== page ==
Ten Minute Activist: SF Locals Present New Book at Modern Times

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The Ten Minute Activist is a project by The Mission Collective, a group of San Francisco-based writers and activists who wanted to show others that it's not difficult to make small changes that can make a cumulative difference in one's life and on the environment. The outcome of the project is a fascinating book filled with oodles of information and world-saving tips -- everything from how to power your house with greener energy, to greener waste disposal and better gardening tips. The best thing about the book is that it is not just a how-to guide; it is also filled with facts galore, some of which, like the following, you could rattle off at cocktail parties to shock new acquaintances: 170,000 tampon applicators make their way onto the U.S. coastline each year.

On Wednesday, June 13th, the authors of The Ten Minute Activist presented the book at Modern Times bookstore in the heart of The Mission on Valencia Street, an appropriate location for a book reading by a group that calls itself The Mission Collective. The useful and quirky book that includes powerful facts, practical information, and even cartoons was definitely compiled in a creative San Francisco fashion.

Three members of The Mission Collective presented at Modern Times where they talked about their enthusiasm for the project to a very small audience. Each activist involved in the project espoused an interest in building and supporting local communities, because, as they emphasized, it is difficult to make big changes in the world, but easy to start with the smaller changes and infect others to do the same. Deacon Rivers, activist, collective member, and Elvis fanatic, emphasized the need to have a winning strategy for change. Making small, individual changes in behavior is one way to be able to see the change that you enact. Another member of the collective talked about the importance of supporting local communities and the arts. The self-proclaimed punk, illustrated his point by talking about community-based alternatives to going to clubs to hear concerts. In particular, he lauded the efforts of one group that holds concerts on a large white bus and also in their Oakland collective.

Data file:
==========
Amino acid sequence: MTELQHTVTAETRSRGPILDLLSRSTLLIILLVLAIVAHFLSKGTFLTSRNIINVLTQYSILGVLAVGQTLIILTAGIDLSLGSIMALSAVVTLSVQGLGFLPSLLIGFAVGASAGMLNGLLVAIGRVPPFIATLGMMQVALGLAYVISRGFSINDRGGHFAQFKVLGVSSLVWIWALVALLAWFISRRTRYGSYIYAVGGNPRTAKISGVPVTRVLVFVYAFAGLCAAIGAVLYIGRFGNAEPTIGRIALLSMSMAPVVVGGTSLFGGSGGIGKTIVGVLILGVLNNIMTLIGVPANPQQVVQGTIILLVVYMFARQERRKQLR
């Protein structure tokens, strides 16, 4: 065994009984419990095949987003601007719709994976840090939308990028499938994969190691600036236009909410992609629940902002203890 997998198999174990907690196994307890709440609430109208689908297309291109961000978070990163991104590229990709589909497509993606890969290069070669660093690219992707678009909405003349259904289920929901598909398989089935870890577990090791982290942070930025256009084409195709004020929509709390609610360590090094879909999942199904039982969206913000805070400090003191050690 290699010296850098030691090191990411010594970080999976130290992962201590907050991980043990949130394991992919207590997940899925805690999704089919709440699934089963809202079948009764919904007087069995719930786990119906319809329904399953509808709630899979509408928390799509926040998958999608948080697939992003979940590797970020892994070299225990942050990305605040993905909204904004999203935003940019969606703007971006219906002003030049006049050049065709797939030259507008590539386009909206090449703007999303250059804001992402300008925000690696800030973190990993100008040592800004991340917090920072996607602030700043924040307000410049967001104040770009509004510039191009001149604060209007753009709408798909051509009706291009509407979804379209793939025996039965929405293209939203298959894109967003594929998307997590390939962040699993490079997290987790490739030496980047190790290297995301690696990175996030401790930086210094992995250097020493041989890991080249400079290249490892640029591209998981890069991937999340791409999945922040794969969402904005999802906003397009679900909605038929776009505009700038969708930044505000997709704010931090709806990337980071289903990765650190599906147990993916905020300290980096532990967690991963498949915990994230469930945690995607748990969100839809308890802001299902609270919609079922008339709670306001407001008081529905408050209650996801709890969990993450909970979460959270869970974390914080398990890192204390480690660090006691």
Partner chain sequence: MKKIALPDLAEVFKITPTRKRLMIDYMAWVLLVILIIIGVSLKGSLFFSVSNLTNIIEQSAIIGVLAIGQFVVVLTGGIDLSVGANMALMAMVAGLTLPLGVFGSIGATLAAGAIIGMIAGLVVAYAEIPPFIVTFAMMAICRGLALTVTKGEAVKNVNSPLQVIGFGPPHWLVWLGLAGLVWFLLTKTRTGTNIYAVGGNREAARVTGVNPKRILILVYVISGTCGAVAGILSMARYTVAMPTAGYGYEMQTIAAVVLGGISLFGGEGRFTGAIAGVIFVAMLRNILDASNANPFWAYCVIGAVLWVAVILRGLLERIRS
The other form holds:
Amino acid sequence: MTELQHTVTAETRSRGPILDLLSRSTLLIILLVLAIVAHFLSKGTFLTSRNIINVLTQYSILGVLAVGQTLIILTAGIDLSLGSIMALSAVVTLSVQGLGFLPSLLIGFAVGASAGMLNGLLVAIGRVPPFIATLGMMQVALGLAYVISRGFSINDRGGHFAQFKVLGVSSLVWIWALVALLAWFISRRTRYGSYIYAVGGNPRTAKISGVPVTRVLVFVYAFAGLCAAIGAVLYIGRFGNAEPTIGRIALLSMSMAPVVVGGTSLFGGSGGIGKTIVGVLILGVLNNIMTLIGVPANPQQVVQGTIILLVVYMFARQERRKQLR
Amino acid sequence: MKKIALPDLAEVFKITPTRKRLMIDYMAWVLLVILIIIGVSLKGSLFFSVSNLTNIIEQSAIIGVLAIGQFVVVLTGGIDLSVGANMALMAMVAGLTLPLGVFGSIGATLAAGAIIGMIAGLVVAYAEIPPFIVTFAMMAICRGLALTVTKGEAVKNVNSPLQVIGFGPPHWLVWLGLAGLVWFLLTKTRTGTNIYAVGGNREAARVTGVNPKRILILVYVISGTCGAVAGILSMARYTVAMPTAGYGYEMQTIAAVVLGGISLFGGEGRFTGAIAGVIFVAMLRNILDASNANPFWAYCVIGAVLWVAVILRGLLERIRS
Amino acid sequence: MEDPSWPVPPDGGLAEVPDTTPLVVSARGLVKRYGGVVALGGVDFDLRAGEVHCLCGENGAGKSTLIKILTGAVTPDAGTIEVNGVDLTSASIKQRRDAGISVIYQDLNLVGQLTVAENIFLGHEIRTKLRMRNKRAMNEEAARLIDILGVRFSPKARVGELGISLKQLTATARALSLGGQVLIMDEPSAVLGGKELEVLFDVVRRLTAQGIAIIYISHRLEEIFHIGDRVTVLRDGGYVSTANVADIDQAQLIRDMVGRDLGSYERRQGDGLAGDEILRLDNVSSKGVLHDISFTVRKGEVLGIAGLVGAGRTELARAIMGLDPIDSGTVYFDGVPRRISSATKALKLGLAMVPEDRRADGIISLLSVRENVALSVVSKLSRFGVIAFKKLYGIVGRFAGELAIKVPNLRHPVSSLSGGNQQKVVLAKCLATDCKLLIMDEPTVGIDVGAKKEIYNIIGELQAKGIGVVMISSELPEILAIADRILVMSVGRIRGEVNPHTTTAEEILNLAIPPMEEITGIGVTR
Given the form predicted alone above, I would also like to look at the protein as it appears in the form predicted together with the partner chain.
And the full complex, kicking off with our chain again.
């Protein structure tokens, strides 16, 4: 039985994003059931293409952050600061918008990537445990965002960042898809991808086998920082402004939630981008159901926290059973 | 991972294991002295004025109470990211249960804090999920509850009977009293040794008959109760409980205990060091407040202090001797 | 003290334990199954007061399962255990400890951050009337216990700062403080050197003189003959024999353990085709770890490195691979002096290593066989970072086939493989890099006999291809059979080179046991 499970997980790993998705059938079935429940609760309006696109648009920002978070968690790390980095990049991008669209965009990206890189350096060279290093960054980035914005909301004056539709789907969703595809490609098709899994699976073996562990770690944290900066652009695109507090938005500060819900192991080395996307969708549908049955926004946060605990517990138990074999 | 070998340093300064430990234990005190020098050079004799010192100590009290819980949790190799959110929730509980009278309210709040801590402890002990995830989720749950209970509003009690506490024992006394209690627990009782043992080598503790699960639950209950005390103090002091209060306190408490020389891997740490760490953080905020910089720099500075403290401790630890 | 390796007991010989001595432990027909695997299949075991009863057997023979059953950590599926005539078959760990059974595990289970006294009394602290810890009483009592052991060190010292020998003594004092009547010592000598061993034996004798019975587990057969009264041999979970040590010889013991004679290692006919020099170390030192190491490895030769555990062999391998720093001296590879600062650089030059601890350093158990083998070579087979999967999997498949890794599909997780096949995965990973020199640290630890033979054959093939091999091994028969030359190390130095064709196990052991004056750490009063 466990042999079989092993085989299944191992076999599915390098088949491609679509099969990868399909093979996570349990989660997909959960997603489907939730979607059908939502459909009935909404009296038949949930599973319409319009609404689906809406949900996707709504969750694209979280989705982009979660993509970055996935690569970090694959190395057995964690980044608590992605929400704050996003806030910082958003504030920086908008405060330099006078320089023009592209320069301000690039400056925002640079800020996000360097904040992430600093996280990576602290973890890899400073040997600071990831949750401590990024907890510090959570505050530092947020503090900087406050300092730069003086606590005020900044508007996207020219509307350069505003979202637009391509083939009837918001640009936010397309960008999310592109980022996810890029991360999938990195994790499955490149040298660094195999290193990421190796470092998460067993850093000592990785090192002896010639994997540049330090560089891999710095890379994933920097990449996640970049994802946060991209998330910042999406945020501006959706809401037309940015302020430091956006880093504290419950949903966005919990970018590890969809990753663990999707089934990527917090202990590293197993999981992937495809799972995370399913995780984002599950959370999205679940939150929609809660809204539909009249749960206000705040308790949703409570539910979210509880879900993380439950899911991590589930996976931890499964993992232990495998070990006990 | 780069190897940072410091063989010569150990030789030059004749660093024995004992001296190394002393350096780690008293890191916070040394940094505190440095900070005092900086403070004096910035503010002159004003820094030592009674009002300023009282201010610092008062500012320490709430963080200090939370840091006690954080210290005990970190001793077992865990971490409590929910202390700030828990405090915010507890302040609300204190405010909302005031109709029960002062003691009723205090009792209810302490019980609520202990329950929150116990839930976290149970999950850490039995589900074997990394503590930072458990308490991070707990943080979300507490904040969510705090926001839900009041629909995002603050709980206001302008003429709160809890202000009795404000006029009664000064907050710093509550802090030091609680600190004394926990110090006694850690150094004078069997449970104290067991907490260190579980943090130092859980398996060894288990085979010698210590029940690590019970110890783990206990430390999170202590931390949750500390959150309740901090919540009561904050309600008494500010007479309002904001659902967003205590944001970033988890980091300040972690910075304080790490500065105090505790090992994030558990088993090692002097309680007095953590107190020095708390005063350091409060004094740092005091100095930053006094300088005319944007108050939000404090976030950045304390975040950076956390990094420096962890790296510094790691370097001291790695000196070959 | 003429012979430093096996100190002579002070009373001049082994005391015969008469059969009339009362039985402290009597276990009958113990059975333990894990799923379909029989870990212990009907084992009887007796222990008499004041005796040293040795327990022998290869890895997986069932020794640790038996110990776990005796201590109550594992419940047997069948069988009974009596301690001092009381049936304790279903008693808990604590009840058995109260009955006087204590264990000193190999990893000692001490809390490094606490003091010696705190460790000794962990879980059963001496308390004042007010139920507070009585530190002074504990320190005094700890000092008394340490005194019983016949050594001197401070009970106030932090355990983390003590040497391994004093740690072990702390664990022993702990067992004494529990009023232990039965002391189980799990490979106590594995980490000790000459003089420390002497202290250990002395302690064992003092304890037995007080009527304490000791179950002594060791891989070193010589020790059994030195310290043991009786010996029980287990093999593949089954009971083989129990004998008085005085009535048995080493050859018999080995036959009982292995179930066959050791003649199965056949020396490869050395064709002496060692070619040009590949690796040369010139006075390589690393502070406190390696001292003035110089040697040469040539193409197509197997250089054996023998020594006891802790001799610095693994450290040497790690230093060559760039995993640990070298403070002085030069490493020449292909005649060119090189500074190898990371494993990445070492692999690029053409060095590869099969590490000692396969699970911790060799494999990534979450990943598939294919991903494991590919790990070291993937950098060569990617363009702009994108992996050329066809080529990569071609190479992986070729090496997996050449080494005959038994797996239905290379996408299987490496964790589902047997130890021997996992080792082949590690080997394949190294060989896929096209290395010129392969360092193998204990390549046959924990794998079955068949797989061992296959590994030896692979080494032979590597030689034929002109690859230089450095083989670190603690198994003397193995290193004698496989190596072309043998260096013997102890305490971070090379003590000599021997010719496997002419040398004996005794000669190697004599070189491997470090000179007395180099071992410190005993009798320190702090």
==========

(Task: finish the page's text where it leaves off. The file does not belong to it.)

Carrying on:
The presentation predictably covered the importance of conscious consumption practices, which is a primary focus of the book. The collective may be preaching to the choir with their small volume, but they argue the necessity of inspiration. And the book is intended to inspire individuals to make small, positive changes in their own lives that serve to reduce individual impact on the environment and may have the additional positive side effect of saving money.

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